Some assessments produce an overall score that can be used to compare individuals over time or populations of animals.47,48 For example, one tool used to assess the quality of life of dogs with cancer pain contained 12 questions, each with a 0- to 3-point scale for an answer and an overall maximum score of 36.49 Determining a weighting for the scoring system could be done by utilizing expert opinion in more or less formal ways50 or, as developed by Budke et al,51 through using carer ratings of the relative importance of the elements of their quality-of-life assessment tool for dogs with spinal injuries. It could be that some elements should “trump” others within an assessment in certain situations. For example, a very high pain score might be so overwhelming as to render other elements of quality of life unimportant. Assessments may also use scores that remain unaggregated, still allowing for individual elements to be compared over time or among animals,44 or even use elements or whole assessments that take a qualitative rather than a quantitative approach.52
Validation of quality-of-life tools for companion animals has been far less extensive than studies involving human assessment methods but nevertheless has occurred in a number of ways. Many assessment tools underwent construct validity testing and refinement by removing items that did not provide valuable information.45,53 Some assessment tools have been evaluated for test–retest repeatability by raters within a short time span44,45 or for interobserver reliability.51 Others have attempted to validate the tool for discriminatory ability between two populations of animals. Wiseman-Orr et al54 found differences in scores obtained by dogs with chronic pain compared to dogs without pain, whereas the resource-based tool developed by Wojciechowska et al48 was unable to discriminate between sick and healthy dogs. Further refinement of the Wiseman-Orr et al54 tool resulted in a general health-related quality-of-life assessment that was able to detect improvements in quality-of-life scores in previously obese dogs that lost weight.55 Other assessment methods have compared quality-of-life results with existing clinical scales relevant to the disease of interest.47,53,56,57 Finally, the use of one quality-of-life assessment tool during veterinary canine consultations was associated with an increase in discussions about quality-of-life elements with the carer when used by a clinician familiar with the tool compared with a control group.58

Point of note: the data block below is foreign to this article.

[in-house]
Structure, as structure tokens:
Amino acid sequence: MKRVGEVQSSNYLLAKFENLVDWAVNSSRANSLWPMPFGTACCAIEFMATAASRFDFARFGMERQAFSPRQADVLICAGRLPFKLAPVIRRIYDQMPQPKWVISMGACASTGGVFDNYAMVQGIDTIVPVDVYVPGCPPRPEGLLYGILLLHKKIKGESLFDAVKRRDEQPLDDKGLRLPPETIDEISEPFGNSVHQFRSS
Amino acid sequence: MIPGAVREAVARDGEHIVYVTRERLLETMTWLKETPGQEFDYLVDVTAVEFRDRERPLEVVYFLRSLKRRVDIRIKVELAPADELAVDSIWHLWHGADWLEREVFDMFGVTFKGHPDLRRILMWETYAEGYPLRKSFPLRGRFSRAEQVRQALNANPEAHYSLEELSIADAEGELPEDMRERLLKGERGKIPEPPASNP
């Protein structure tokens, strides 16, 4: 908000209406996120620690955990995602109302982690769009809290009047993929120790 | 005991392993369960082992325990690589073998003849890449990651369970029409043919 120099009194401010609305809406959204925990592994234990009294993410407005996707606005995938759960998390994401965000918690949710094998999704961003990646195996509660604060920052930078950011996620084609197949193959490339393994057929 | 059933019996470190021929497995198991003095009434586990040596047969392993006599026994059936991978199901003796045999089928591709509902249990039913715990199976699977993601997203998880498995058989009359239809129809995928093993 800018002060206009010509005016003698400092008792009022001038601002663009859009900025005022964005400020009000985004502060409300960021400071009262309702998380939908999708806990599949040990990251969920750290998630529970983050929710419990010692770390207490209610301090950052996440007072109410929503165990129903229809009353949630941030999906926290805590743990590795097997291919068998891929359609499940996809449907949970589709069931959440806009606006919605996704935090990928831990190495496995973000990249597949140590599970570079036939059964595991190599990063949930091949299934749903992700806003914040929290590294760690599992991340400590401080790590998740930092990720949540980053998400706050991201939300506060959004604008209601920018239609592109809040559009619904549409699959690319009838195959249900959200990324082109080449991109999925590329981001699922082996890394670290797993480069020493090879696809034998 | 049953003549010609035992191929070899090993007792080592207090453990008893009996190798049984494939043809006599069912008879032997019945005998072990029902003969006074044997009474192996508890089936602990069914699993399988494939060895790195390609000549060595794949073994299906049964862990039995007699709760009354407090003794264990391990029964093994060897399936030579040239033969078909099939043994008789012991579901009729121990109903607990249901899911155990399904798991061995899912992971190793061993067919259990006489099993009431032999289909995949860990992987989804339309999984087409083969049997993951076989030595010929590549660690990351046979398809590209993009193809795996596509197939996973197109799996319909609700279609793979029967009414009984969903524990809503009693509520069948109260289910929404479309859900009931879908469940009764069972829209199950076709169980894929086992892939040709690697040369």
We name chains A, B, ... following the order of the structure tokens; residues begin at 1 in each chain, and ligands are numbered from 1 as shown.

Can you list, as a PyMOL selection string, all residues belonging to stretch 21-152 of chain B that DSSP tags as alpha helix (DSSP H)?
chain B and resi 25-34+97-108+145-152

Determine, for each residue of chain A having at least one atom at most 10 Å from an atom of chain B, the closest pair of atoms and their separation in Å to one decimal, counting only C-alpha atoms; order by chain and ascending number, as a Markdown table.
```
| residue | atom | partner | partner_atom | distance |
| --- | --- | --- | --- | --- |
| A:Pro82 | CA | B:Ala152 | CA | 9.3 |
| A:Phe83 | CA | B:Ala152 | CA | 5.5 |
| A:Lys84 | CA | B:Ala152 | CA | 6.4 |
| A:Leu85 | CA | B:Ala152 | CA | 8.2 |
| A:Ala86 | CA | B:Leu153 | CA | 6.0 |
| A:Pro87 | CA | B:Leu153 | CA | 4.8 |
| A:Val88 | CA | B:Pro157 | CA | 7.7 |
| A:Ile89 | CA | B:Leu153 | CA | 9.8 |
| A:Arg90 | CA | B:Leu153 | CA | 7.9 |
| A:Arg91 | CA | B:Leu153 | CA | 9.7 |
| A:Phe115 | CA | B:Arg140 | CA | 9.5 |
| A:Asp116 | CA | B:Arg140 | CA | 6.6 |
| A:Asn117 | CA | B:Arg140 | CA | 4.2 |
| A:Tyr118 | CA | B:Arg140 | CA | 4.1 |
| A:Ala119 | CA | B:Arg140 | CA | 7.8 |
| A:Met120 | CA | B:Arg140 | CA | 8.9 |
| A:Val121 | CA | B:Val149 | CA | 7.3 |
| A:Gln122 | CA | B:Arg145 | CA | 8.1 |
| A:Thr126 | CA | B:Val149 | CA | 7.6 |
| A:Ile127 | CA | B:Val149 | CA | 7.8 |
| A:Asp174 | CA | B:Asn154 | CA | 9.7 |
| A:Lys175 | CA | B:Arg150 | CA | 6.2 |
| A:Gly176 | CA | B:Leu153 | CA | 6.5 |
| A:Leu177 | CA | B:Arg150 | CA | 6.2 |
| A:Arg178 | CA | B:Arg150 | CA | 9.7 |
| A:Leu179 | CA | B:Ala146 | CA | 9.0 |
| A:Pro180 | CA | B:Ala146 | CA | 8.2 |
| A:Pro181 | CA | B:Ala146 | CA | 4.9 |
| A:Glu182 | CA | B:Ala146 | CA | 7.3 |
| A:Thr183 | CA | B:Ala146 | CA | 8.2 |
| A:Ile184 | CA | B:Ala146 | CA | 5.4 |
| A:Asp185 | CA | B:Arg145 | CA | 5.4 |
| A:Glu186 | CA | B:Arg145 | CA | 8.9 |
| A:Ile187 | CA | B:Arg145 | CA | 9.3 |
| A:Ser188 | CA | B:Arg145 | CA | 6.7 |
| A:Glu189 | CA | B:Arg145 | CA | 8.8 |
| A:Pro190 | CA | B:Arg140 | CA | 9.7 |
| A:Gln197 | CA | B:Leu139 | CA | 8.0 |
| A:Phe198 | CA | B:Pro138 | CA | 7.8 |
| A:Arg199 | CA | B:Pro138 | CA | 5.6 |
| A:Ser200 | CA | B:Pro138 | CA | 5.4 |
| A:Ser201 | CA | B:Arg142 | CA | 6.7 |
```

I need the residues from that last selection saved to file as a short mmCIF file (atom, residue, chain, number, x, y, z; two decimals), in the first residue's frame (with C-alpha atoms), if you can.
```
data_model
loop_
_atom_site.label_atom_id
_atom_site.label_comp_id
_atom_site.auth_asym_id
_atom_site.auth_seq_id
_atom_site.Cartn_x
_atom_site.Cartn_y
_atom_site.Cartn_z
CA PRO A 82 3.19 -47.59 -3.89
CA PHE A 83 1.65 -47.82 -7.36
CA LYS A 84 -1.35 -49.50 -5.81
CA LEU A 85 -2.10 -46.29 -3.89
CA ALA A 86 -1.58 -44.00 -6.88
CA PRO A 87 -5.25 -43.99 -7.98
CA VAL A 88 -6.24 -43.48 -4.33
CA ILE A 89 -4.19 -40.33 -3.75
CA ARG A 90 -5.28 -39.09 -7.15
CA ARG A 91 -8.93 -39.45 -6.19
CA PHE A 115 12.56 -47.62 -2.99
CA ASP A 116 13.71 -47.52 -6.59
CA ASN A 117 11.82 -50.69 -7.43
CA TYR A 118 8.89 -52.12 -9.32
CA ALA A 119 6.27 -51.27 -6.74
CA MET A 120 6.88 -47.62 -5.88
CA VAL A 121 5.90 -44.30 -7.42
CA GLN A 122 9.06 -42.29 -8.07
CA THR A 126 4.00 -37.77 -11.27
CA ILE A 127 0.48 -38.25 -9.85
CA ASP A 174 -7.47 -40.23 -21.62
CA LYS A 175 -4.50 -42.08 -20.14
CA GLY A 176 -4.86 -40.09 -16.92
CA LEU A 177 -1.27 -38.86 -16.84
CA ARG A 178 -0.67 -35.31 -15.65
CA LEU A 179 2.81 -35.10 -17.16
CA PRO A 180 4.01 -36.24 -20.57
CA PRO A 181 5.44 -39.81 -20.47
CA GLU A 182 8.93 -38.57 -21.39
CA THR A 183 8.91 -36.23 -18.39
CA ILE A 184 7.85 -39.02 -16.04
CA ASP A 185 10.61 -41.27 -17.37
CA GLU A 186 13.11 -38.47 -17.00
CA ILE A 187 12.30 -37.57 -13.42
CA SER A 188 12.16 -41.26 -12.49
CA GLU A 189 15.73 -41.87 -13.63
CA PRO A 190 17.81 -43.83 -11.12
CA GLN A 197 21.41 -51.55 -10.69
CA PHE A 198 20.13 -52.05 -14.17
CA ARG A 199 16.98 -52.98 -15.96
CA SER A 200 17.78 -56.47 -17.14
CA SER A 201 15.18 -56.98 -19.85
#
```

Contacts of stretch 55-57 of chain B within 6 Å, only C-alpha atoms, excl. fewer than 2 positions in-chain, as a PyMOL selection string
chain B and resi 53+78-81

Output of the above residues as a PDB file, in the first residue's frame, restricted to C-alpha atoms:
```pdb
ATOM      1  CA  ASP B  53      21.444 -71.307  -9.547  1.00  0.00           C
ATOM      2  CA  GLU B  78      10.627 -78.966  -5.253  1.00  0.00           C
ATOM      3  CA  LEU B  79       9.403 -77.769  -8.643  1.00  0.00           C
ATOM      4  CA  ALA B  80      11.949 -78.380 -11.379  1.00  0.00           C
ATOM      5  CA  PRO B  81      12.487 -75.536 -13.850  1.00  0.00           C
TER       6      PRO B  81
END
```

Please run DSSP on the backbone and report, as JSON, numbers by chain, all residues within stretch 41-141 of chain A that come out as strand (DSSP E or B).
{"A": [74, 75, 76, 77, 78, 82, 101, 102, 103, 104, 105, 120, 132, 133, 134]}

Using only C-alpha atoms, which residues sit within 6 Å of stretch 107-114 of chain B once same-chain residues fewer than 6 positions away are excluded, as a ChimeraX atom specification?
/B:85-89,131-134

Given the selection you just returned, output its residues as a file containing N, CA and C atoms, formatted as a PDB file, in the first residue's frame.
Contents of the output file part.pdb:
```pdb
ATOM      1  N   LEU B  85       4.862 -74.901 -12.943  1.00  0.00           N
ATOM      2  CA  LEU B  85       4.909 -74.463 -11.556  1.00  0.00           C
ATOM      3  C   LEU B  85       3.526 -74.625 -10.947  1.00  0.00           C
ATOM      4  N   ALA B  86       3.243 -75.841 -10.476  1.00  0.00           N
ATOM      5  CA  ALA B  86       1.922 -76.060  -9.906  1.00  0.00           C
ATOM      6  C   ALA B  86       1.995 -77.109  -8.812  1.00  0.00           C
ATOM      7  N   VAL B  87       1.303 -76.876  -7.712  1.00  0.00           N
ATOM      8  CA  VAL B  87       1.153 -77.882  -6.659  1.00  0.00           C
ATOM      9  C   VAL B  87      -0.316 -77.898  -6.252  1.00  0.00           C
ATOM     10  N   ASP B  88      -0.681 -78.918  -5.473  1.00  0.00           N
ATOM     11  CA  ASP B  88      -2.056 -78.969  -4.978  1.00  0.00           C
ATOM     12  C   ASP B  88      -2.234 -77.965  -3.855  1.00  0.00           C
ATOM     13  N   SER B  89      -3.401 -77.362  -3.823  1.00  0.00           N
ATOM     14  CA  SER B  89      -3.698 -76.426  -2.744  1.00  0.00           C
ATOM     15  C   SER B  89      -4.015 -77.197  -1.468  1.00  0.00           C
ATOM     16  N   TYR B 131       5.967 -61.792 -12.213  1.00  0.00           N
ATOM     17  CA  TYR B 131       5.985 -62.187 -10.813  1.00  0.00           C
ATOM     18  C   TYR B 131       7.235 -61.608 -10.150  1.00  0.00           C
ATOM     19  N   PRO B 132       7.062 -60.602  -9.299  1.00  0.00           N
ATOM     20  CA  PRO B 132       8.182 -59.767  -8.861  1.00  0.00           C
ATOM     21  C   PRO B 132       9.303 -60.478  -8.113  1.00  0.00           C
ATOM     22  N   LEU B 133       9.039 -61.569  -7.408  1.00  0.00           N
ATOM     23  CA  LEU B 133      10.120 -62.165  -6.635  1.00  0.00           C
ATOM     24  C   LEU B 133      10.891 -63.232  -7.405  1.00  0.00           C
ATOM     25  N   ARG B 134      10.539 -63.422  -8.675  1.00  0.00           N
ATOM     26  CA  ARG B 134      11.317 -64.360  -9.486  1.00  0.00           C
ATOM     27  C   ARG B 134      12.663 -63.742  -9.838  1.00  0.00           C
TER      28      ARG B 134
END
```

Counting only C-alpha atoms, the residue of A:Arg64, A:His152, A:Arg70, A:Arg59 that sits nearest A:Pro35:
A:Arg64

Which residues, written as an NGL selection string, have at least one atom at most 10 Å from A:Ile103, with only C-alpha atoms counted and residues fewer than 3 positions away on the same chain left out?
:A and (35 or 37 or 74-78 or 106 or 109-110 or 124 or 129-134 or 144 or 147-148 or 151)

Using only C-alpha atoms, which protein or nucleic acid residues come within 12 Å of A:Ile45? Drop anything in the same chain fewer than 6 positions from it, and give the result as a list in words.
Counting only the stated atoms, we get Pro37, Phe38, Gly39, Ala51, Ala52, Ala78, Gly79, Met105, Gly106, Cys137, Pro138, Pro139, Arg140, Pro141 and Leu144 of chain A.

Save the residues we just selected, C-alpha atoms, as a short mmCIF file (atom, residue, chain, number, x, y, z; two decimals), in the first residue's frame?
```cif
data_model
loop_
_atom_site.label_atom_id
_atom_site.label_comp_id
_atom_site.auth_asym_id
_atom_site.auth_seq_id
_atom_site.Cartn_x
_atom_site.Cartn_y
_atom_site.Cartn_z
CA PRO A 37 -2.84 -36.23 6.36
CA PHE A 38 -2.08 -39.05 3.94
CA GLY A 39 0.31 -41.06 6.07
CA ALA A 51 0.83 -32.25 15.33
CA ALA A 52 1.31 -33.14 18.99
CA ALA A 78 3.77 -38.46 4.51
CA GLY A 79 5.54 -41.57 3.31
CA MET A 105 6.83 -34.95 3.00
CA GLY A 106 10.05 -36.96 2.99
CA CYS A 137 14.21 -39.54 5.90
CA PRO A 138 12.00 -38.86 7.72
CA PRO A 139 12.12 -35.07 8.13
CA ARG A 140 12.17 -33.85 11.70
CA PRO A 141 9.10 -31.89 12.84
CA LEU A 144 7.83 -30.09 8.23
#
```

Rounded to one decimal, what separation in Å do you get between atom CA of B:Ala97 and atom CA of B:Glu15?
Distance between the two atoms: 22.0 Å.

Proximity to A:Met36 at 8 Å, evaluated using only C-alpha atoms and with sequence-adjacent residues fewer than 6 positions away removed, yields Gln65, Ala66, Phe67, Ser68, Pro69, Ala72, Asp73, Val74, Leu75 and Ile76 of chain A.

Quality-of-life assessment for carers and veterinarians: why we need new tools
To return to the original question about the value of formal systematic assessment of quality of life in companion animal practice, it should be noted that such quality-of-life assessment has been widely adopted by, and is now integrated into, all aspects of human health care. One database has >700 different clinical outcome assessments available for a whole host of medical conditions.59 It can be inferred from drawing parallels with the human setting that there would be as-yet untapped benefits from formal quality-of-life assessments in companion animal practice, not only to individual patients but also to populations of animals and to carers and clinicians. Veterinary development of quality-of-life assessments is lagging behind but now has the ability to learn from the human field. There are few validated assessment tools available for companion animal practice although they represent a range of methodologies. The potential for quality-of-life tools to aid the very essence of all veterinary practice, namely improving the welfare of the animals that attend the clinic, means that these existing tools should be built upon, refined, and tested. In parallel, new tools need to be developed, aiming to capture the full range of experiences of companion animals over time. However, we do not just need new tools. Veterinarians are increasingly demanding an evidence base for their actions and could participate in such evaluations in their clinics. They will need training in how best to choose and use appropriate tools for their individual purposes.